• Take IPR into your own hands! The recommended amounts of IPR in the treatment setup and treatment plan are for guidance only. You are the doctor, and are the one ultimately treating the patient. Small amounts of unscheduled IPR can get treatment back on track much quicker than submitting a lengthy case revision.
  • Use your good sense -- don't perform IPR in a spot where there's already space, even if it's recommended on the treatment plan. Too late? Don't worry, it's an easy fix. At the end of treatment, the spaces caused by excessive IPR can be closed with a digital power chain in a refinement.
  • If you still have questions, we have wiki articles dedicated to performing IPR and troubleshooting other related issues. Or, contact your account rep; they will help you review your patient's treatment and decide what to do next.

Tech Tip: Why do engagers fall off?


An engager fell off the tooth when my patient removed their aligners. What should I do?


The root cause of a loose engager is that something is preventing the bonding agent from bonding the engager to the tooth's surface. When this happens, the composite material cannot fully adhere to the tooth, and the engager will fall off.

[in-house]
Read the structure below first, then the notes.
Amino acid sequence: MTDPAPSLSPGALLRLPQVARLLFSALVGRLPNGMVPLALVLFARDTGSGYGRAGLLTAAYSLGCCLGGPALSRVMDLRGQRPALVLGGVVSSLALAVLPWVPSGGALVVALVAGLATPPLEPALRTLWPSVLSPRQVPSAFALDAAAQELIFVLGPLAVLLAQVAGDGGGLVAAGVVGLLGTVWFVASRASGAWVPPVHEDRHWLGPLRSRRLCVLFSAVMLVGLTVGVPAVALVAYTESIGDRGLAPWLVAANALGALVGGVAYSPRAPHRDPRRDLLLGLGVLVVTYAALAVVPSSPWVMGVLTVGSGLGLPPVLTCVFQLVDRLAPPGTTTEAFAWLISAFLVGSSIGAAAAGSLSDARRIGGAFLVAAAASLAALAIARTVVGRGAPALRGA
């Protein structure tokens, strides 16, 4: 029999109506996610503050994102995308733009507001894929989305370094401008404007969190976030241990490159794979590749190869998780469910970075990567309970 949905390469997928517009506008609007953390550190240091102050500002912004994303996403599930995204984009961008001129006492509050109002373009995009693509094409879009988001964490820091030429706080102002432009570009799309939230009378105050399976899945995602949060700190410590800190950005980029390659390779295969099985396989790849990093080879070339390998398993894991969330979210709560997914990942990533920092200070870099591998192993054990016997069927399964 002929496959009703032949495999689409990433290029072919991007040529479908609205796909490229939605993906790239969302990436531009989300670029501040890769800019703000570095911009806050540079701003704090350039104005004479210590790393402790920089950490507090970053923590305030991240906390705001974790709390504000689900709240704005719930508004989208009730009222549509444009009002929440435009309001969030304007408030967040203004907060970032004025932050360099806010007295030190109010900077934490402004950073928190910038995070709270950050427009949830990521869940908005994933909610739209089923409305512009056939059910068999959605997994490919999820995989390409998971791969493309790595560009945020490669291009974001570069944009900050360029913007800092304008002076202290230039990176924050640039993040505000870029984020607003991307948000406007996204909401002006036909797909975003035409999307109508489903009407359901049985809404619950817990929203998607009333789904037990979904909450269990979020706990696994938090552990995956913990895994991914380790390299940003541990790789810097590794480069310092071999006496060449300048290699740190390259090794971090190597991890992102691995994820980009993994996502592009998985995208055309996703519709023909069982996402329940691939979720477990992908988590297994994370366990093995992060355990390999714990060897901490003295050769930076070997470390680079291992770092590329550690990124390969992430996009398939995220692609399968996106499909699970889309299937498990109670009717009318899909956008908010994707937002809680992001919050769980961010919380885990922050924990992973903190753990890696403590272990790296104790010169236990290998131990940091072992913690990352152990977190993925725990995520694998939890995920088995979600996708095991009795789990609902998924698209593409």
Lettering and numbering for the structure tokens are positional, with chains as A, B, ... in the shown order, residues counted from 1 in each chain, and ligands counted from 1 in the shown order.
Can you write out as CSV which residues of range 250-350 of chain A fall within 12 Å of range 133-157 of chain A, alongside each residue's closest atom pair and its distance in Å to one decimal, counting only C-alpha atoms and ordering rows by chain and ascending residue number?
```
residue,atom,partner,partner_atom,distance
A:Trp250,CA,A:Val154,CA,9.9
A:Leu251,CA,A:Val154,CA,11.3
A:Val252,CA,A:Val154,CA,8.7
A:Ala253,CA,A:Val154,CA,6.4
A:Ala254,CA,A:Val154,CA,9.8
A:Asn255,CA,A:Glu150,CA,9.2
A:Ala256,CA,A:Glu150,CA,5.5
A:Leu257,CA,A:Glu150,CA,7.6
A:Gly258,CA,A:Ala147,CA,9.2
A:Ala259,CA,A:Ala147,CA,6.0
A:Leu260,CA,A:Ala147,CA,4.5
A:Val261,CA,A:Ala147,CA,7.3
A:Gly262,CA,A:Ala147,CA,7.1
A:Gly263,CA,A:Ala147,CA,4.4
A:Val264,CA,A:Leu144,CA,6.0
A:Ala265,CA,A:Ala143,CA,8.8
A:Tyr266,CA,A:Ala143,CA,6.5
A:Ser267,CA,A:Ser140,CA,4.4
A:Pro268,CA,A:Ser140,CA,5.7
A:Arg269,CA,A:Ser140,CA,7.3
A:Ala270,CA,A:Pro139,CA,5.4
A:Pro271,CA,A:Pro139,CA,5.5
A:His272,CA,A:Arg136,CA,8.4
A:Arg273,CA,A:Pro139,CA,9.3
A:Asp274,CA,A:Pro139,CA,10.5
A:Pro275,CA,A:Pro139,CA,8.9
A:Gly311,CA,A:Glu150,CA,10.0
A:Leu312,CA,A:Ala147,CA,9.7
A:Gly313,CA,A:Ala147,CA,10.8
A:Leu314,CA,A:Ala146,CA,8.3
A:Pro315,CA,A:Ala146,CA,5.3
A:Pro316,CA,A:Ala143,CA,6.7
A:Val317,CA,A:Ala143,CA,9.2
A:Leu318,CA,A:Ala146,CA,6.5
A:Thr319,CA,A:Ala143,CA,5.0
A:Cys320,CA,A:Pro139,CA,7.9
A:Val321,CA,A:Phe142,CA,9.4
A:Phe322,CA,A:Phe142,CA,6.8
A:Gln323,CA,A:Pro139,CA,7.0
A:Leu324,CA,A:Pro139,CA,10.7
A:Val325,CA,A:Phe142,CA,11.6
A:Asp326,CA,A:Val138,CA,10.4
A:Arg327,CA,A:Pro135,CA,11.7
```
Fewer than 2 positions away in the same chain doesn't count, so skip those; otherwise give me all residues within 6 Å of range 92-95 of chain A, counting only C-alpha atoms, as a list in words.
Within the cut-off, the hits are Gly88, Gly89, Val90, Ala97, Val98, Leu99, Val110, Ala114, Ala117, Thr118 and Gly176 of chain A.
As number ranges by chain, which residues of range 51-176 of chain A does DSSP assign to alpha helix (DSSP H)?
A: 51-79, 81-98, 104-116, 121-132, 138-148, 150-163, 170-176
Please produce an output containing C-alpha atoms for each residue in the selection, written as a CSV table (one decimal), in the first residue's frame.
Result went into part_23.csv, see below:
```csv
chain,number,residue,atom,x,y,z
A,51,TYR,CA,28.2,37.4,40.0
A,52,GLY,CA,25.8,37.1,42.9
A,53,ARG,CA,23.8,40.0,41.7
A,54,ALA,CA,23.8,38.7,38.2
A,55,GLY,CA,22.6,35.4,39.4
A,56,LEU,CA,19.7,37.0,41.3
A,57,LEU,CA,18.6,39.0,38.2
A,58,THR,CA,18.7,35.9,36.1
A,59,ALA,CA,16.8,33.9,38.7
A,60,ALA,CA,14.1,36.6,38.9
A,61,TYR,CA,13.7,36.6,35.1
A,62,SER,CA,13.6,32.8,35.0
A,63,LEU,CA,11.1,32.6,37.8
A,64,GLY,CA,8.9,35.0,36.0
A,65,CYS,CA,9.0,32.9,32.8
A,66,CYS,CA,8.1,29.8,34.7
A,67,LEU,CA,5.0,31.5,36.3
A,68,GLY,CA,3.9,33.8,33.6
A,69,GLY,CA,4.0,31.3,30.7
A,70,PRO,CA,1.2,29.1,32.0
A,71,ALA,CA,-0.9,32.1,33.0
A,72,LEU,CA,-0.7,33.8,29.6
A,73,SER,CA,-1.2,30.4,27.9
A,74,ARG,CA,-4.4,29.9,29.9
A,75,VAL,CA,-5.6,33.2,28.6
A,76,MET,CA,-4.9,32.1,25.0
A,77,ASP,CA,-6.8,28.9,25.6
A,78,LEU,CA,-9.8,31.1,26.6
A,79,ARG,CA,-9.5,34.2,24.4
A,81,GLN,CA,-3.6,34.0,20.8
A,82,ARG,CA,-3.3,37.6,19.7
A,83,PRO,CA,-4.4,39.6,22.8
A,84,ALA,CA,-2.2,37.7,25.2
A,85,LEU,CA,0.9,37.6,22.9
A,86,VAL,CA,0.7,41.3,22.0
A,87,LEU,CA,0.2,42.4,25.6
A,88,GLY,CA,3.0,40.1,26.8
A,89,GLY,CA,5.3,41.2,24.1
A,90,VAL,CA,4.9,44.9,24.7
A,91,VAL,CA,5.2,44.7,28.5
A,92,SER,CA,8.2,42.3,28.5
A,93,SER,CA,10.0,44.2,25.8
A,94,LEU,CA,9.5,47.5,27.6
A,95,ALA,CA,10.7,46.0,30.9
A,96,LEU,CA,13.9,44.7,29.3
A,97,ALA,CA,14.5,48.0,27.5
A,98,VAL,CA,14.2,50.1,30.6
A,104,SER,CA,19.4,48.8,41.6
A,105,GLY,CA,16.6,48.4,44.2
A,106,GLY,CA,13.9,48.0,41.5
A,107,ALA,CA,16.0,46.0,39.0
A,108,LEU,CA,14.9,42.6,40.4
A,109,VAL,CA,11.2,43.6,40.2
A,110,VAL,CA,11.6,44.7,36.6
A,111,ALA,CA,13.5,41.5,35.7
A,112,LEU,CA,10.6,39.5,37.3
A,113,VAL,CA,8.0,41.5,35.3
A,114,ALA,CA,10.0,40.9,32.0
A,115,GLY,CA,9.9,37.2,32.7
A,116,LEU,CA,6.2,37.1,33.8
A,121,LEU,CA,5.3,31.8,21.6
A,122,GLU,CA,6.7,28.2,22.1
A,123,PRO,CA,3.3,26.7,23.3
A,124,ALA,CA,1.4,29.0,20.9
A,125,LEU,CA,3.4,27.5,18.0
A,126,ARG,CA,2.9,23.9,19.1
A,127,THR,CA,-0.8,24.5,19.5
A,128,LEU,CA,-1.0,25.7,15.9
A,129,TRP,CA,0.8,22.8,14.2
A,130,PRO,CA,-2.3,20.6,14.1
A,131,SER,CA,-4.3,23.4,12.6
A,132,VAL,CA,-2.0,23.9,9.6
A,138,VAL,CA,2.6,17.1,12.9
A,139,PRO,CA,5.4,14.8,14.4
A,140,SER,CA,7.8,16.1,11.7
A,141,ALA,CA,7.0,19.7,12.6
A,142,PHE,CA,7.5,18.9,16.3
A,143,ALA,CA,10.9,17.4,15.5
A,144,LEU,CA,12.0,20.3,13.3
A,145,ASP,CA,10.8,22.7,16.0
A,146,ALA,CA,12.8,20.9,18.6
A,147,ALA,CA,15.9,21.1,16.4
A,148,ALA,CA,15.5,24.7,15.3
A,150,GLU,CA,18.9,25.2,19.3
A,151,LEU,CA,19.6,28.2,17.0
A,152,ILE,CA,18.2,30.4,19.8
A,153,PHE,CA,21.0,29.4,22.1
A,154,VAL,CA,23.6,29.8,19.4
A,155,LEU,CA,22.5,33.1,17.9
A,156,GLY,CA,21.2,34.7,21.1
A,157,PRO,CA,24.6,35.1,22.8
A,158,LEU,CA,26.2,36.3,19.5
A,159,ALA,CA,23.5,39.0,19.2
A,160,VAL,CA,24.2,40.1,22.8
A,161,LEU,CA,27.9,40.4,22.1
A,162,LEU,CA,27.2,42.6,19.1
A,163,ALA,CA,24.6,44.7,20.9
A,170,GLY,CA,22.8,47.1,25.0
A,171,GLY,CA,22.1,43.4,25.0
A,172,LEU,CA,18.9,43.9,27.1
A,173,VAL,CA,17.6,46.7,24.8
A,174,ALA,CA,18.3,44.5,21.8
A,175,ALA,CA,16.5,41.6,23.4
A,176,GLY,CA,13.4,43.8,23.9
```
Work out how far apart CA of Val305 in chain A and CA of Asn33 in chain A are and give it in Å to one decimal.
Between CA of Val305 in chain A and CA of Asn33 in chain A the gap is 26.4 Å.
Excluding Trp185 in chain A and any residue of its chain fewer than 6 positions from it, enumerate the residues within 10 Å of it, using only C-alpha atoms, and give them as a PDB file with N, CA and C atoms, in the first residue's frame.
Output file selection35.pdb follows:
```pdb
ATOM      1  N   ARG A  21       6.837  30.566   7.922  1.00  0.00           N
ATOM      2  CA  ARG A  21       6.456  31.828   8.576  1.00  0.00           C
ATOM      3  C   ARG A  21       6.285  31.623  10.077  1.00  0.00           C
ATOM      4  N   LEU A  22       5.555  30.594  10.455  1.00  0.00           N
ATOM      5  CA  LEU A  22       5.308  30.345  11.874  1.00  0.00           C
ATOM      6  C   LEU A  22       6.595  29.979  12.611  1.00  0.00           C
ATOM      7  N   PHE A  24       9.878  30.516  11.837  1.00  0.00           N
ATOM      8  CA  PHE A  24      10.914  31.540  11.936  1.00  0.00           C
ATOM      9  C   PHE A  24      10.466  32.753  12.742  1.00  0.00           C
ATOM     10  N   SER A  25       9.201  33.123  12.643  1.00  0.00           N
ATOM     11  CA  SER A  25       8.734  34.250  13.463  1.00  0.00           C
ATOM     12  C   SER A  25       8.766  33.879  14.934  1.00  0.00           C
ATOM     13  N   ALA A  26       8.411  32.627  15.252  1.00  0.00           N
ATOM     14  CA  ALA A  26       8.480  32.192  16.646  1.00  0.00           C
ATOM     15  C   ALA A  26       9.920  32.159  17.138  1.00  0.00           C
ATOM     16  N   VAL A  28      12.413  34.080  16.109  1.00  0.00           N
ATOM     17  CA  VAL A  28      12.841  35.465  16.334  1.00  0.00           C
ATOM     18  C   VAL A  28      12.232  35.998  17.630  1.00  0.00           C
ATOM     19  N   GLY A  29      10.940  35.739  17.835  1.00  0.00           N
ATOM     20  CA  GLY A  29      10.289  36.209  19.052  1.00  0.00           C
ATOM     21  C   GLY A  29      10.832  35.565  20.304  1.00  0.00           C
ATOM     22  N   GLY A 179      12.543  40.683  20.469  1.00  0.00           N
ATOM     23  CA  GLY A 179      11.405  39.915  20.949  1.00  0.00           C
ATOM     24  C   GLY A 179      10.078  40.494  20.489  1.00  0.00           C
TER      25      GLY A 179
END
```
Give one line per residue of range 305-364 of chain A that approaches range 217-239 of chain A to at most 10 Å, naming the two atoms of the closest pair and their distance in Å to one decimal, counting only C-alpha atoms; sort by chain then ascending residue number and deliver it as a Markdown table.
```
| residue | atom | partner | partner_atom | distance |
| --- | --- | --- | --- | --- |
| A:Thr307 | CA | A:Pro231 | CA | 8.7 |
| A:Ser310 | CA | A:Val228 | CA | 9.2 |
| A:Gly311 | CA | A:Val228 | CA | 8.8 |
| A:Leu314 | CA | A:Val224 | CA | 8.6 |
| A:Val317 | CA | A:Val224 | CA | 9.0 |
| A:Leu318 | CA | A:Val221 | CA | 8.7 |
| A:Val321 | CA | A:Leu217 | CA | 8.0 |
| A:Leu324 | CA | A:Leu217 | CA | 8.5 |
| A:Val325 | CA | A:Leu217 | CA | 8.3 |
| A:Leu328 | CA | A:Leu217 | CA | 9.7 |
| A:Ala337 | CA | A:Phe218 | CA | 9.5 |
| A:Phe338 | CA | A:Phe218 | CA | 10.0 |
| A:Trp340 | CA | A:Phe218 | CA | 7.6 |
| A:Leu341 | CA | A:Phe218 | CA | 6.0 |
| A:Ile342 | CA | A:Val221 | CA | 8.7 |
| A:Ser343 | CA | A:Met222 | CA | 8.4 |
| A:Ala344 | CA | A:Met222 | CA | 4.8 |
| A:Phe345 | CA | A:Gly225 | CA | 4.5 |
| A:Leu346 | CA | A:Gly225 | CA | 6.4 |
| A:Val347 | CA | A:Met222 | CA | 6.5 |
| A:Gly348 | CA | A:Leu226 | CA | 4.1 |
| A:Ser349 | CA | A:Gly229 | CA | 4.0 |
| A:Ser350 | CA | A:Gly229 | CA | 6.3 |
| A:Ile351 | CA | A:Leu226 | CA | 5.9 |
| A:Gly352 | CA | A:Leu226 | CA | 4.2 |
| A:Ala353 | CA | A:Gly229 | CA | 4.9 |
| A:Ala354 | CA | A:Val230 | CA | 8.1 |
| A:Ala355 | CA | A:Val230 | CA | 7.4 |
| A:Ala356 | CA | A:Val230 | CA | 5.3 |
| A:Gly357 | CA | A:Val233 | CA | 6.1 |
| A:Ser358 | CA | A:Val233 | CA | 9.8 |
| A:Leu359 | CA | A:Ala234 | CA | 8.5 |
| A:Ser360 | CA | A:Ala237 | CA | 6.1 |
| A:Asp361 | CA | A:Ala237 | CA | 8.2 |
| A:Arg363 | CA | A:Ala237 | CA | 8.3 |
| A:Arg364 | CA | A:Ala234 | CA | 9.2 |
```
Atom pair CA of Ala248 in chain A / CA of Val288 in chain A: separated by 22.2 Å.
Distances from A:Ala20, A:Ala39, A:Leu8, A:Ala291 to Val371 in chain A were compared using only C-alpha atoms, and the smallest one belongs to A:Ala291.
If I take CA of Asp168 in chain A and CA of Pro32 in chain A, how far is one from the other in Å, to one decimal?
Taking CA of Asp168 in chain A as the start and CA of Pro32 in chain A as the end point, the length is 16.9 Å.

The most frequent causes of this issue are:

  • The petroleum jelly used on the engager template may have smeared on the tooth surface.
  • Plaque on the tooth may be preventing the acid etch from working.
  • The tooth was a restoration, and the etch was not effective on the restoration's surface.
  • The compressed air used to dry off the tooth during engager placement could have been contaminated with oil.

To solve this issue, follow these helpful tips from our chief technical officer, Paul Dihn:

  • If you notice that petroleum jelly transfered from the engager template to the etching surface of the tooth, use the previous step that best fit the patient as an engager template without using petroleum jelly. (If you cannot use the previous aligner as a template, try lifting the original template off of the tooth during insertion.)
  • If there is plaque on the tooth, micro-etch (sandblast) the surface of the tooth, and then re-install the engager using our instructions, listed in ClearComm.
  • If you are placing an engager on a restoration, use a special etch from your dental supplier that is formulated to work with the restored surface. (Note: this may not always work.)
  • Contaminated compressed air is an issue with the system, and can be hard to correct. If you suspect that your compressed air may be contaminated with oil, try drying the tooth with a low-heat blow dryer that can be purchased from your dental supplier.

Tech Tip: How to work with teeth-grinding


My patient habitually grinds their teeth. Can I still treat them with ClearCorrect?